War Theology, Allegory, and the Lutheran Baroque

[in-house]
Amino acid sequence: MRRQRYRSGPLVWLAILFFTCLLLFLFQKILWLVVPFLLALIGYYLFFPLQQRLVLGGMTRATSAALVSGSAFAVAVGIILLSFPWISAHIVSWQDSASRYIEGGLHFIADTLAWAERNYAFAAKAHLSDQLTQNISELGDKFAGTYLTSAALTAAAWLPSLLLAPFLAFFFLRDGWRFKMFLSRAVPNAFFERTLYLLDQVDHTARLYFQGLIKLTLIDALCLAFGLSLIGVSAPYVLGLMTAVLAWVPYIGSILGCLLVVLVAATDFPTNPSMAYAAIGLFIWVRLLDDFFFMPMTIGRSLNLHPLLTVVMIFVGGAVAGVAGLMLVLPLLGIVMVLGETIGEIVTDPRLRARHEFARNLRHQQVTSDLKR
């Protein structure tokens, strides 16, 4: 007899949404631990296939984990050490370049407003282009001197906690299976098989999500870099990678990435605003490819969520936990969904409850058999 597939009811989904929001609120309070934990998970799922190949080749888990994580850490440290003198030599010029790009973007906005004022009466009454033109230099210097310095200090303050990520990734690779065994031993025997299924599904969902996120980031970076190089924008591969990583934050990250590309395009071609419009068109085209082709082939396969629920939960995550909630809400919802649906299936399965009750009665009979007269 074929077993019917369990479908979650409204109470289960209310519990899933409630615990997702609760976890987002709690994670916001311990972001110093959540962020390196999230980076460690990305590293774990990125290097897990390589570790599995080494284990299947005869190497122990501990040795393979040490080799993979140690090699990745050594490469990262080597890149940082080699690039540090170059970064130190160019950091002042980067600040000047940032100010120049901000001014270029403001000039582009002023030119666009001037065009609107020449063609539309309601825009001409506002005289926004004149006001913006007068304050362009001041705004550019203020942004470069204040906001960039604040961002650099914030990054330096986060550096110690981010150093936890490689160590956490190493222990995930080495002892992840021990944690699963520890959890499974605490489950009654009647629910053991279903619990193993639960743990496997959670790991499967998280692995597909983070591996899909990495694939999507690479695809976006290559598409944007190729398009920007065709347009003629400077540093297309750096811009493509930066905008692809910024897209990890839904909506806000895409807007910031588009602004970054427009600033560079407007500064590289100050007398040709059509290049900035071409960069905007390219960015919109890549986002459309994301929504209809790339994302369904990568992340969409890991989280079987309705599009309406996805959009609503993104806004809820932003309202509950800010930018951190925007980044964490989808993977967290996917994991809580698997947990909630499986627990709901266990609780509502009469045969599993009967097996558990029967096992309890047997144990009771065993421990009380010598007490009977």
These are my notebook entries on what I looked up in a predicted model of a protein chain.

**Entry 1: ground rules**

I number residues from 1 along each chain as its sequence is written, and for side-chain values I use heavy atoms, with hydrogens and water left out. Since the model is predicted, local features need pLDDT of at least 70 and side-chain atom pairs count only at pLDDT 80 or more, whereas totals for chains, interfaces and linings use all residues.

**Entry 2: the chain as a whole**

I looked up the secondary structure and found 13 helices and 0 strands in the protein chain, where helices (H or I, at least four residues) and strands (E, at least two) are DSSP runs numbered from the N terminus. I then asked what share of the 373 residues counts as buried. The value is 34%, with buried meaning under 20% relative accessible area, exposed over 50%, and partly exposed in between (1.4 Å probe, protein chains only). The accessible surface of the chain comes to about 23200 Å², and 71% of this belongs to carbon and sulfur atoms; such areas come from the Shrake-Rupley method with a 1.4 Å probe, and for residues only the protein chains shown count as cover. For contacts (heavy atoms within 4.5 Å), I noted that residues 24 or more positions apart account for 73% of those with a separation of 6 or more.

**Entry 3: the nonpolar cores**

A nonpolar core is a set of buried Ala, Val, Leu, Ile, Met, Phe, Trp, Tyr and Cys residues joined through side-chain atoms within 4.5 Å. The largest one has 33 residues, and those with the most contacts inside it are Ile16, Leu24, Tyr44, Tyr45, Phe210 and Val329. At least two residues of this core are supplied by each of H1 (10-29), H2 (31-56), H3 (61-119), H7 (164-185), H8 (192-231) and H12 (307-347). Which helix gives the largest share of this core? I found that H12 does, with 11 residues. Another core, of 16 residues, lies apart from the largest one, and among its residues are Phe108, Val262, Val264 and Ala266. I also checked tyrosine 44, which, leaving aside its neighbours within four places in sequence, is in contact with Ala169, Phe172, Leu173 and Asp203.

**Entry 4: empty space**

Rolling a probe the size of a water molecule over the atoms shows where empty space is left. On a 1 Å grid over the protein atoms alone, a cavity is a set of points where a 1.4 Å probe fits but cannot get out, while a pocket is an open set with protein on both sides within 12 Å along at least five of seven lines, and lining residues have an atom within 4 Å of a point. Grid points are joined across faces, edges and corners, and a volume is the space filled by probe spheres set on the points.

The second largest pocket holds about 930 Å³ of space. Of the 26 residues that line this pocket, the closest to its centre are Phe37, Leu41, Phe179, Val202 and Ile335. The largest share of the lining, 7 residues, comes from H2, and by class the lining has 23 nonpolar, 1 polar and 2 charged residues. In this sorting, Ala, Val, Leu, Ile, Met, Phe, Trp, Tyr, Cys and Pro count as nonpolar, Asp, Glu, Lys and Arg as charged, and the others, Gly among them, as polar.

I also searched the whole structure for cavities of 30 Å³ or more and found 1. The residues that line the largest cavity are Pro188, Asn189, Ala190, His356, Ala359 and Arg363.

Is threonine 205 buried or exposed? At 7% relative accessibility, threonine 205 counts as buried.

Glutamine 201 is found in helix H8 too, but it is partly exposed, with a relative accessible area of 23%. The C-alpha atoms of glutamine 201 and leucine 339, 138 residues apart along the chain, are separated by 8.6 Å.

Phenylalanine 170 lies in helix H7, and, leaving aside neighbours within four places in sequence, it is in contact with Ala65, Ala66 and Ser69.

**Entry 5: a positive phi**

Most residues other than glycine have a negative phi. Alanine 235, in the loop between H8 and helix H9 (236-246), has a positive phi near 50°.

This chapter calls attention to the commentary that the Tragic Drama offers on the afterlives of the Lutheran Reformation in both the seventeenth century and in Benjamin's own time. It is at the center of his concern in some of the most esoteric and mystifying parts of his study, namely the sections on melancholy and on the allegorical emblematics of the texts that he describes as having been written by specifically “Lutheran” playwrights. The chapter also takes Benjamin's reading of Andreas Gryphius's shockingly literal allegorical play, Catharina von Georgien Oder Bewehrete Beständigkeit (Catharine of Georgia; or, Constancy Defended) (1657), in the context of the confessional stew created by Benjamin's contestation of Aby Warburg's scholarship, and explains his understanding of the horrific consequences for life in the “creaturely” world of the Lutheran allegorical logic he thinks informs the play.
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